Having taken full advantage of the complementary food and refreshments generously provided by Cricket Namibia, I took myself back to the hostel to obsessively check up on social media reactions to the previews. Seventeen new friend requests: sixteen Nepalis and someone called Ya Boi RZR. Deeply odd.

Saturday morning and it's off to the United Cricket Ground in Suiderhof for Netherlands vs Canada. My arrangement with Fernando mandated a 7am start, which I figured would give me a couple of hours to get a coffee and a look at the pitch, and to overcome the usual technical snafus which accompany live cricket coverage. I needn't have worried. All had been wonderfully taken care of by the ever-efficient Ms Godbeer; power, shelter, drinks, a seat next to the scorers and a wifi connection stable enough for a proverbial wise man to build a house on.

The match passed largely without incident, a whirlwind 83 not out from Wes Barresi and quality opening spell of 4 for 32 in 10 from Viv Kingma winning it for Oranje, further entertainment being provided by an actual whirlwind - which sent papers flying in the media tent, traversed the outfield, and demolished the gazebo sheltering the Canadian team.

Much the same the next day, back to United to watch the Netherlands make something of a pig's ear of their match against Nepal. Having endured the spectacle of the Dutch line-up crumbling around the lonely figure of Michael Rippon, I headed into the adjoining Dros restaurant and bar at the interval - on the hunt for a decent mid-match quote and some lunch - only to find everyone transfixed by a widescreen TV showing AB de Villiers carting the West Indies about in implausible fashion.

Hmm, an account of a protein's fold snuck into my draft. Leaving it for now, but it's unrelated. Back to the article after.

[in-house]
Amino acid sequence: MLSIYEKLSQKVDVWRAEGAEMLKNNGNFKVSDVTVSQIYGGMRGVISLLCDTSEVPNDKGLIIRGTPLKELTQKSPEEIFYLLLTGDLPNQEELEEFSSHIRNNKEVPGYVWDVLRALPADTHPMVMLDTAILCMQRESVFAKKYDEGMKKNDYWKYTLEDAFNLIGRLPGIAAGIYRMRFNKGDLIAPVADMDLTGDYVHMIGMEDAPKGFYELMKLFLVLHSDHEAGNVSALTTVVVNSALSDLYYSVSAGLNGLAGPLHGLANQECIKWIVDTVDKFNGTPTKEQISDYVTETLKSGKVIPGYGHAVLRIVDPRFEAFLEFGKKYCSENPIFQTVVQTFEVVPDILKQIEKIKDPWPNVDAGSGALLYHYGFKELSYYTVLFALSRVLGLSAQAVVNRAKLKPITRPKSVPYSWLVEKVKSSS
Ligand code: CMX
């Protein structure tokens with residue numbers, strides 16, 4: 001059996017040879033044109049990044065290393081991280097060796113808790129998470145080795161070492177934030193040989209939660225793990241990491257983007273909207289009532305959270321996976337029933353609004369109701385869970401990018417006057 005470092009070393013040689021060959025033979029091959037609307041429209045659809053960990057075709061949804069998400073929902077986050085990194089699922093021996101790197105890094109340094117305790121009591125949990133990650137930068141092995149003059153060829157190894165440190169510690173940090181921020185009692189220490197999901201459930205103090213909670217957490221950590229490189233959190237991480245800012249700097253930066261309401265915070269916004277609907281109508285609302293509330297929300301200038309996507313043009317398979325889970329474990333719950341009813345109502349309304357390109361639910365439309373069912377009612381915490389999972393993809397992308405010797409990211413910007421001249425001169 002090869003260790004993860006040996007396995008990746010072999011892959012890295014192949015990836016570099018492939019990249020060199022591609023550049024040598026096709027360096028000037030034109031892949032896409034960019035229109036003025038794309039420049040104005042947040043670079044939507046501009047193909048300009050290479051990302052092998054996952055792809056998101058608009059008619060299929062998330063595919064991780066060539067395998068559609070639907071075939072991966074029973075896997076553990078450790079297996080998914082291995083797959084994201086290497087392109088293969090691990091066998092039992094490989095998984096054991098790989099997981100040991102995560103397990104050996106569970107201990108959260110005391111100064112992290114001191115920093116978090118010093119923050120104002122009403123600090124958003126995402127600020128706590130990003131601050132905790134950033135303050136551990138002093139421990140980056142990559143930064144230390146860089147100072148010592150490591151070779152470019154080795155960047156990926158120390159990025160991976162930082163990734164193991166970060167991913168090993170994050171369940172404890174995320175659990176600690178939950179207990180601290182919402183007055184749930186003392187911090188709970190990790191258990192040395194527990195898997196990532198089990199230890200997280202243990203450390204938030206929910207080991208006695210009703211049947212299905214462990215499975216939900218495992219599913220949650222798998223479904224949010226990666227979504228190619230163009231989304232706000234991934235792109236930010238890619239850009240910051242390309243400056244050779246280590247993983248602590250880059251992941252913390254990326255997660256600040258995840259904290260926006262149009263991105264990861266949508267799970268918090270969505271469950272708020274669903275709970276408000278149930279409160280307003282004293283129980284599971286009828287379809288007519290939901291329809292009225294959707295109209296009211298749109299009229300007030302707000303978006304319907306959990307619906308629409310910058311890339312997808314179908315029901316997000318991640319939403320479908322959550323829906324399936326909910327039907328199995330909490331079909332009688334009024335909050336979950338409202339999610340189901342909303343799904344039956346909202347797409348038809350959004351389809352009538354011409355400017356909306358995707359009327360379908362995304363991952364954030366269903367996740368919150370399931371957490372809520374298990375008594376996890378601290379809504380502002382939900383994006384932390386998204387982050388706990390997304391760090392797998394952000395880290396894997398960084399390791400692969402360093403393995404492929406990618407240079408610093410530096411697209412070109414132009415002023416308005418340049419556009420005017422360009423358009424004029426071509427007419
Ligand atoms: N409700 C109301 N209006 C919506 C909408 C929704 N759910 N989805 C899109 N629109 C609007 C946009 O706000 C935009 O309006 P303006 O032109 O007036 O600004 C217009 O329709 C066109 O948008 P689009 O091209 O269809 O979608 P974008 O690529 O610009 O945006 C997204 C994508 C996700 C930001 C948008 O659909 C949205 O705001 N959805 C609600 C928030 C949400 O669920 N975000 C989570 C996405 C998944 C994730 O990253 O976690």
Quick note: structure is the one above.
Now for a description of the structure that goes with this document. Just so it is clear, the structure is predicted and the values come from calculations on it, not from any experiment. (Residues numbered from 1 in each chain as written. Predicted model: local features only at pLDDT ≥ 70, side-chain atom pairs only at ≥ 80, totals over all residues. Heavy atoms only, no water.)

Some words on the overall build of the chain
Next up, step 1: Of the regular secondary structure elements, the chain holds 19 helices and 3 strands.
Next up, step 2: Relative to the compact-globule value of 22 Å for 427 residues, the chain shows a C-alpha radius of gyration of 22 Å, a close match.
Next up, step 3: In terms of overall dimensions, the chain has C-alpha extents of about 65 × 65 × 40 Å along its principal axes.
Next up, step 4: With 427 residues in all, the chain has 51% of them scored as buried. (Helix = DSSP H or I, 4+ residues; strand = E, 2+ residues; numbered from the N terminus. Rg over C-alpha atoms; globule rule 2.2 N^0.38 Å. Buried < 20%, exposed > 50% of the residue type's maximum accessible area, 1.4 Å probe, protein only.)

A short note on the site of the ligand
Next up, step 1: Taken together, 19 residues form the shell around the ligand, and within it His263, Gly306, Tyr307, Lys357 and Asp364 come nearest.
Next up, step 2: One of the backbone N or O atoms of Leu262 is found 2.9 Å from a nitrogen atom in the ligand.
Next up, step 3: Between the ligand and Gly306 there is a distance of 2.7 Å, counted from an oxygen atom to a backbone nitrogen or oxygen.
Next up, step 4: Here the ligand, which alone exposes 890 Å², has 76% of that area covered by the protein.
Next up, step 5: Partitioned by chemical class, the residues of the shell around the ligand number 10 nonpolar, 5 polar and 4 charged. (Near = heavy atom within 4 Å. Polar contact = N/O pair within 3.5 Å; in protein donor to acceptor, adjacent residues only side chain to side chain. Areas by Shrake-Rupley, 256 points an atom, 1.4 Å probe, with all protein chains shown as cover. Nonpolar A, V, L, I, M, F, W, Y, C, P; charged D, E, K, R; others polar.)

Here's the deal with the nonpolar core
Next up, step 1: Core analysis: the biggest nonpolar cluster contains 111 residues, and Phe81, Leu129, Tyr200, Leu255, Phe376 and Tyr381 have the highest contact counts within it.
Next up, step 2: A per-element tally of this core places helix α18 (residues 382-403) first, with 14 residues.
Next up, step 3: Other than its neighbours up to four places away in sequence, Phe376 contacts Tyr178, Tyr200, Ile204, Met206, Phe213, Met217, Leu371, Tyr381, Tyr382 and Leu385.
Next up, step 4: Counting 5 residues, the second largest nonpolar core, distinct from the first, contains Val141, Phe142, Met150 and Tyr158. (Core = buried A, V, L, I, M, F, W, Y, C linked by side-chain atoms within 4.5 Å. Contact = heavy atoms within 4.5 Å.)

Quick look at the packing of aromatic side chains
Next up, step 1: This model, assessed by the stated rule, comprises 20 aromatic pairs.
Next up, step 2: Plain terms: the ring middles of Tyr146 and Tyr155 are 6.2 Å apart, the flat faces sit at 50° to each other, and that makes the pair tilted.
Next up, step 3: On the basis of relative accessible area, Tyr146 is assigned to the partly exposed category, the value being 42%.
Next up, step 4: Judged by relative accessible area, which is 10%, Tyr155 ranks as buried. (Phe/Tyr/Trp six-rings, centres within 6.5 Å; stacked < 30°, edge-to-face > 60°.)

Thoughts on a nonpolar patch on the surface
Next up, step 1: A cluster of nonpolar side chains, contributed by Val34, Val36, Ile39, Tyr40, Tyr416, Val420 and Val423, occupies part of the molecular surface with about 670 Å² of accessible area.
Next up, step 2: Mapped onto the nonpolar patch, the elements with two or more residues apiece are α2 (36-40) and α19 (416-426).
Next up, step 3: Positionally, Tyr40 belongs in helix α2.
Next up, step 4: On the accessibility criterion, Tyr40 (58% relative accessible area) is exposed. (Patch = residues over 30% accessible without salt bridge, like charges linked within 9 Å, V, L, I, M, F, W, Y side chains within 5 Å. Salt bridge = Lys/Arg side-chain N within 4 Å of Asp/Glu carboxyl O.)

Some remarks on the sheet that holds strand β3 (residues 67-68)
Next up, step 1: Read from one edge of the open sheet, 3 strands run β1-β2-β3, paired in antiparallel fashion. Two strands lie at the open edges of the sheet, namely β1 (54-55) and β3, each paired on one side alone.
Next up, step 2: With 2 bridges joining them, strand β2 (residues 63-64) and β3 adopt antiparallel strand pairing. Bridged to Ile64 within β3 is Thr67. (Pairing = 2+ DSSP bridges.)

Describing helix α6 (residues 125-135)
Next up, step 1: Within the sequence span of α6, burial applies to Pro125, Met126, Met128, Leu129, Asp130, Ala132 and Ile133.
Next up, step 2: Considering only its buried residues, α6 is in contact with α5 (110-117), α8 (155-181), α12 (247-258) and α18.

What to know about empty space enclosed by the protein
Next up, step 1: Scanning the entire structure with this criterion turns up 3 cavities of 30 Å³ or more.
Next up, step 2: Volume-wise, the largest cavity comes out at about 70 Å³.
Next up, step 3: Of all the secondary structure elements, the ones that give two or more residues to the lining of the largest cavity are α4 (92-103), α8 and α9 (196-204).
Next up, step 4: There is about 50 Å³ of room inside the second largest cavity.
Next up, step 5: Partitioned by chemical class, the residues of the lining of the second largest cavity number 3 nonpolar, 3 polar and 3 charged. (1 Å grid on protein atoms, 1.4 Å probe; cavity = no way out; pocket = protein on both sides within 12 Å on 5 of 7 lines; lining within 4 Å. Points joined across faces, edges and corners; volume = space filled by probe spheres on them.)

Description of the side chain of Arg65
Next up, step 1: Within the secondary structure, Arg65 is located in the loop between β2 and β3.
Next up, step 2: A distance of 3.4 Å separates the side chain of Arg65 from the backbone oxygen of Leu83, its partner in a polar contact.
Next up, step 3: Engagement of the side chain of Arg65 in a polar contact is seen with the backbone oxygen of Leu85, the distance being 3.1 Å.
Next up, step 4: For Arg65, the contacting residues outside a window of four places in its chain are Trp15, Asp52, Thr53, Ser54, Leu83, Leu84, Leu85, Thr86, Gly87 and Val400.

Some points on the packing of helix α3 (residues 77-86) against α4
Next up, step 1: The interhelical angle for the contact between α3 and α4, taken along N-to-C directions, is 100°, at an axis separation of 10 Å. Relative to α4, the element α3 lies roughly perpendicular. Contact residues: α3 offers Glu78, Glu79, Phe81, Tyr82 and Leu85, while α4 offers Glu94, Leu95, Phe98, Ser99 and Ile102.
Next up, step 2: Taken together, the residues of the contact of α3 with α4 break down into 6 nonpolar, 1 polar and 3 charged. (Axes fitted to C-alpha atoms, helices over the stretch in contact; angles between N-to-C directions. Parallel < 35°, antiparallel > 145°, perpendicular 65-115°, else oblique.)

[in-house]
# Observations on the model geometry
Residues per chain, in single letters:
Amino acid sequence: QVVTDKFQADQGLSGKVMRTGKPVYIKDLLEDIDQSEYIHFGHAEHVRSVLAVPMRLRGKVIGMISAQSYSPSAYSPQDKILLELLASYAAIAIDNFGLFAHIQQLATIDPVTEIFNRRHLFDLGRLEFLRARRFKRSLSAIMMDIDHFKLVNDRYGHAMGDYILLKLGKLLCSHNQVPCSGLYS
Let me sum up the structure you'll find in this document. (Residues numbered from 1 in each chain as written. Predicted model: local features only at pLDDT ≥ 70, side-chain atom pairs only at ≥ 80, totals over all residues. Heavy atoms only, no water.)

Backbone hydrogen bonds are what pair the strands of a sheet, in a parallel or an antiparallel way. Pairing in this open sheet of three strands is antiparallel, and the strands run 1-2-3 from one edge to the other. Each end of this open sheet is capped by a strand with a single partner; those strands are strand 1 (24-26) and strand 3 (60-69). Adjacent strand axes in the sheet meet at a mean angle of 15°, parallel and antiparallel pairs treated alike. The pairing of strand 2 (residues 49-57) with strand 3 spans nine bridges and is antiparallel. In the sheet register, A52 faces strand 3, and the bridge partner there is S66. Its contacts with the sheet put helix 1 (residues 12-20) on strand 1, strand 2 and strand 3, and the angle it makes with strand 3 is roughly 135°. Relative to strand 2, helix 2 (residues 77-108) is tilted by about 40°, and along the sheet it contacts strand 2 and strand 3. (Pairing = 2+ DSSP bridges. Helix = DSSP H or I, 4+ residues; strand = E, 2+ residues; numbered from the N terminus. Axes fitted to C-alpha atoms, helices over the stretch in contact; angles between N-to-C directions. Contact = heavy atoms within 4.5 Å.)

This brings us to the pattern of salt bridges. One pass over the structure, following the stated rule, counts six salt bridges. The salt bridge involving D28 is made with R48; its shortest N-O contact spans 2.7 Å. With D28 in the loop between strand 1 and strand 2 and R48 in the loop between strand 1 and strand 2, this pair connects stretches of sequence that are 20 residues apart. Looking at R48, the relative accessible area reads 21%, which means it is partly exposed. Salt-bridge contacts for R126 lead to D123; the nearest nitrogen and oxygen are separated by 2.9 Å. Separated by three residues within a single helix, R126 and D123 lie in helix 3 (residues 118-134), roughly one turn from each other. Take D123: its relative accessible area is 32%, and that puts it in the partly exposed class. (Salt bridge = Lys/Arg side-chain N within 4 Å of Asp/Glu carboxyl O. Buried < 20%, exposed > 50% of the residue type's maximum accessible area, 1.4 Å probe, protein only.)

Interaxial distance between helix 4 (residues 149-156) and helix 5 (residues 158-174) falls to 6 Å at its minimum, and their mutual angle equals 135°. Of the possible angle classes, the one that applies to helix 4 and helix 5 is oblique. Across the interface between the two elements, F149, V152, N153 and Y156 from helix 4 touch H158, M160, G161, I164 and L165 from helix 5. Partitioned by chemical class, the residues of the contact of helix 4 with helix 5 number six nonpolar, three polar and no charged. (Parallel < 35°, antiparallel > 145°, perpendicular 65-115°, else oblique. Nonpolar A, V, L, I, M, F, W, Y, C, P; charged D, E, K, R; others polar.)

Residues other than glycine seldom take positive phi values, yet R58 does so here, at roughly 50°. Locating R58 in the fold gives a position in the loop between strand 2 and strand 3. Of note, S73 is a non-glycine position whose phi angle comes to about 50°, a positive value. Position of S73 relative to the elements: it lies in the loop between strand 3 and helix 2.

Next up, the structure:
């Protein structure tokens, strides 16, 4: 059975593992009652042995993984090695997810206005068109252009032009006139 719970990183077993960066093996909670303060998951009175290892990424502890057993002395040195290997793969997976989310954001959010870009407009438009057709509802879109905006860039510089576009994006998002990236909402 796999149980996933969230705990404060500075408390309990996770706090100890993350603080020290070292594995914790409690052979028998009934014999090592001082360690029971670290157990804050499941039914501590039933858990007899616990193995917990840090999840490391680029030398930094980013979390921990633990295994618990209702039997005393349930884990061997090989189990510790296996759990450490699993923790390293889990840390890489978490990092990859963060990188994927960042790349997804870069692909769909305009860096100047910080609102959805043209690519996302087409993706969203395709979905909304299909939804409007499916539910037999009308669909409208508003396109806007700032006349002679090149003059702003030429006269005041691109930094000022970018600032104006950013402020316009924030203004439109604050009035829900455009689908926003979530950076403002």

Needless to say I went back to the media tent quoteless and hungry and feeling I might be watching the wrong game. Nepal nonetheless managed to make a thriller of a modest chase, and with the defeated Dutch heading swiftly for the buses I was left to write my post-match post-mortem on the Dros terrace.

There I quickly attracted the attention of a pair of locals, the more vocal of whom, having established my business there, proceeded to quiz me at length on such subjects as the highest ODI total ever posted (Sri-Lanka's 443 vs the Netherlands in 2006), most runs in at test match (Gooch against India in 1990) reigning Olympic cricket silver medalists (France), and the like. Satisfied that I was, in his words, "a goeie kaaskop" he rewarded me with a photo he took of the gazebo incident the day before and a valiant attempt to set me up with a pair of ladies at the next table.

After a long day in the heat though, I preferred to make my excuses and call Fernando to take me back to the hostel. The Nepali friend request count has climbed to 53. Fairly satisfied with my own half century, it's off to bed - with a rest day tomorrow, and nothing to do but write a self-indulgent diary piece.


Note: some names have been changed to protect the anonymity of Fernando and Ya Boi RZR.